So there’s that, and the rest of the songs kind of reference in vague, abstract ways the current climate in Lebanon. All of them, except for two: ‘A Granular Buzuk’ and ‘2asmar Sa7ar’. The title of ‘A Granular Buzuk’ was an accident. I was recording with my friend Sharif Sehnaoui, who is a Lebanese musician, and we were trying to think of a ‘granular’ synthesis treatment to the buzuk, which is all the electronics that you hear here. And we were thinking – how would you describe this treatment in Arabic? Because this word doesn’t exist for us, we Google Translated it and the word that came out was ‘muhabbib’ which straight-up means ‘granular’. But if you read it without the accents then it’s ‘habibi’ which means ‘my love’. So in Arabic I left it as "my lover’s buzuk". I intentionally omitted the accent, so if anyone looked at it they would be able to say ‘My Habibi’s Buzuk’. But if you read it in the English title it would be ‘A Granular Buzuk’. And the other one really has no relation to politics! It’s ‘2asmar Sa7ar’ which means "the brown one cast a spell", and it’s a bit of a cheeky dedication to my wife. The other ones are all related to the theme of the album. ‘Qala Li Kafa Kafa Kafa Kafa Kafa Kafa: it means "to me he said enough enough enough enough enough enough" and is sort of mirroring that opening track – you pose this question and then you get the answer of, "Enough! This is really enough. This is as far as we can take it."

Clearly a lot of thought has gone into the packaging of this album as well. On the back cover of the CD copy, there’s a very faded, faint photograph of children running along a beach that I wanted to ask about.

RGM: I don’t know if you remember, it was in the news during the last Gaza war, this is the famous photo of the three children who were playing football on the beach and were bombed by a navy ship. They were killed. And this is a cellphone photo taken by a journalist called Trevor Barnes. He took the photo, and this was literally moments before these kids were just blown to bits. It was sort of a typical – and I say that word with a heavy heart – a typical scenario of what goes on in that extremely dirty war that Israel has with Palestinians, especially on Gaza. And then it came out from intelligence that there had been rockets launched from that location and that they were terrorists. You have this cold, hard picture of three children playing soccer on a beach, yet of course the military will deny that was the case and also will say that they will open a file investigating that. Nothing ever happens, obviously, so I wanted to at least give these children a little contribution. To make them exist outside of that world, as a disputed piece of news. So we took that picture – the original image is a very cheap, pixellated cellphone picture, just taken straight off of Twitter. Charles rephotographed and then chemically treated the picture. It’s a very emotional dedication to these three children. And their names are in the CD.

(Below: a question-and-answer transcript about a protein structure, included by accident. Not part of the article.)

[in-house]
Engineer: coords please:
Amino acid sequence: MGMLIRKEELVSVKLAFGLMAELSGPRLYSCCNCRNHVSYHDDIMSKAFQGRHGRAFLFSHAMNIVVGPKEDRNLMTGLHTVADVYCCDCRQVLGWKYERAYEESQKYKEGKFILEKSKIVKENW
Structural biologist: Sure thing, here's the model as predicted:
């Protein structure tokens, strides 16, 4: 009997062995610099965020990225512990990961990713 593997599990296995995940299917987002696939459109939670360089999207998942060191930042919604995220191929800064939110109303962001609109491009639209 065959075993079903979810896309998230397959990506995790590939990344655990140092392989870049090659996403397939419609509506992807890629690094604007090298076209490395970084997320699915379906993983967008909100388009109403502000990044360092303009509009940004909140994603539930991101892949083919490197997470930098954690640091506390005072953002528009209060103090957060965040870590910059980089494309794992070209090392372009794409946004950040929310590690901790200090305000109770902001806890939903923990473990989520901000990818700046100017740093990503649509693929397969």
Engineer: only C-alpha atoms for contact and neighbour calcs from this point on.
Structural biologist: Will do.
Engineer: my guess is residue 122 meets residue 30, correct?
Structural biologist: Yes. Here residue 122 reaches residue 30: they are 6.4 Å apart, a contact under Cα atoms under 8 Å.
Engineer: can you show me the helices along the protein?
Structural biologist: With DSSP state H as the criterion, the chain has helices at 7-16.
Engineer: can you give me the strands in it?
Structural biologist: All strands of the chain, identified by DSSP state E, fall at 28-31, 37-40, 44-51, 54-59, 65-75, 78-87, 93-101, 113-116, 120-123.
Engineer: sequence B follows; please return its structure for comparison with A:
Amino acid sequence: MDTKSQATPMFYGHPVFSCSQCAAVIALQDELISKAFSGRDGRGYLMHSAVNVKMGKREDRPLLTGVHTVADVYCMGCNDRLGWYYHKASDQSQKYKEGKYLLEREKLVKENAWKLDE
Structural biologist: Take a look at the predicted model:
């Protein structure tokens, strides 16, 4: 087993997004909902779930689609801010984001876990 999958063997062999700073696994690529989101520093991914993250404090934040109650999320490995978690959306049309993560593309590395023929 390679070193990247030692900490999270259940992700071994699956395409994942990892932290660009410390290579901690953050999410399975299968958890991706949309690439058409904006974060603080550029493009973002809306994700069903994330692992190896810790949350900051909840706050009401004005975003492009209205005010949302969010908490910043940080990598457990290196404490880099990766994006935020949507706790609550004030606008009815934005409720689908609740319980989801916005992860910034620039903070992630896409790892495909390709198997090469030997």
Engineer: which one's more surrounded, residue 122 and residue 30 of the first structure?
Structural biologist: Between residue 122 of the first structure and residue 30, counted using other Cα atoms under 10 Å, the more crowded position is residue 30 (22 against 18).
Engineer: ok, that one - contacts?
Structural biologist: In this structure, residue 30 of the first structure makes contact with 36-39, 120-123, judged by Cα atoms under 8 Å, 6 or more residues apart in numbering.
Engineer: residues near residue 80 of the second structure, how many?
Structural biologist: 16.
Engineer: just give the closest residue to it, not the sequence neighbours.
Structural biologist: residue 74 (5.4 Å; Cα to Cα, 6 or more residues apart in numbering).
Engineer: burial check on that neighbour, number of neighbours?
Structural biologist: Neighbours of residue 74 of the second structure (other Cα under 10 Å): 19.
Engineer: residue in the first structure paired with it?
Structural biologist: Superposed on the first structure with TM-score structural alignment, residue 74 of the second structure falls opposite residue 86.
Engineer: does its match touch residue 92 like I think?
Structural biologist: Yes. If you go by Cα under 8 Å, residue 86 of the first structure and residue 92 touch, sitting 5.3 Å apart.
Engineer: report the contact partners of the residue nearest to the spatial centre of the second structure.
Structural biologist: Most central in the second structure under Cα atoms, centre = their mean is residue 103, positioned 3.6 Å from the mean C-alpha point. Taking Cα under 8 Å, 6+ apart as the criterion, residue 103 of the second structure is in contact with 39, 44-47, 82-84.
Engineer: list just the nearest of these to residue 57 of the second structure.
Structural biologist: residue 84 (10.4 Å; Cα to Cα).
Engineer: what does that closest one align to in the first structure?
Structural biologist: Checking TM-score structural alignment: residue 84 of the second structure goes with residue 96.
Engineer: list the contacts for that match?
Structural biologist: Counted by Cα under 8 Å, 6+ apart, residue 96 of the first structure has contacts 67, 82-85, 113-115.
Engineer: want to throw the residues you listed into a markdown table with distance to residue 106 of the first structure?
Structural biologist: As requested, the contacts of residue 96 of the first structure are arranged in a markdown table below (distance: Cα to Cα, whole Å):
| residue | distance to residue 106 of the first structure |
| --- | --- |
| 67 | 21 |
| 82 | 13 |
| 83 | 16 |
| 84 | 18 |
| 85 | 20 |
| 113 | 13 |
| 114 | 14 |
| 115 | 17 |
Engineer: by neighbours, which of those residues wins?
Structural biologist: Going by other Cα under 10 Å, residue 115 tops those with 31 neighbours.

Coming back again to the musical content of the album, could you tell me about the buzuk and how it’s used on ‘A Granular Buzuk’?

RGM: The buzuk is a very lute-like instrument that is from Syria and Lebanon. It’s a Levantine instrument, a shepherd’s instrument. Not a very popular one, but it’s the instrument I play. And the whole project of Jerusalem In My Heart is based around taking these traditional elements of music and changing and altering them – putting them in a current, ‘new music’ context. That track, I was happy with it in particular because I just improvised on the buzuk – a very straight improv. And then I took that track and just cut it up and cut it up and manipulated it until we came up with this really intense ‘granular’ texture to the track. On top of that, I asked a friend who plays prepared guitar – he’s quite an amazing musician. He did an improv to my improv. I just put a few microphones in, we did one part of it and he played over. He prepared his guitar by putting a bunch of objects into it and of course started playing it. We merged these two elements together and mixed it, and by doing this we gave it this beautiful texture. The song title ‘A Granular Buzuk’ evokes this beautiful image.

What about the other recording techniques that you’ve been using on the album?

RGM: I own a recording studio in Montreal called Hotel2Tango. It’s a very popular studio, having been for quite a while. I own it with three other guys, all musicians, all very talented engineers and producers. We have access to this massive hi-tech facility, but for this record I wanted to work in very odd spaces where I feel more comfortable. So a lot of the record was recorded in Beirut and then worked on in Montreal. And I don’t do anything complicated, it’s very much a simple capturing of what’s happening – it’s usually just me with a soundcard in a space that I like, with one or two microphones. I spend so much time conceptualising it that when it comes to the execution of recording the tracks, it’s actually very, very quick. It’s all there in my head, there’s very little experimentation going on when I record. To me it’s a task and I have to do it. I just get it out the way. I also like recording on the beach in Lebanon, that’s usually my favourite spot for recording stuff. I’ll take part of a recorder and improvise something on the buzuk while I’m there. It’s always very pleasurable – that with a glass of arak! Off you go!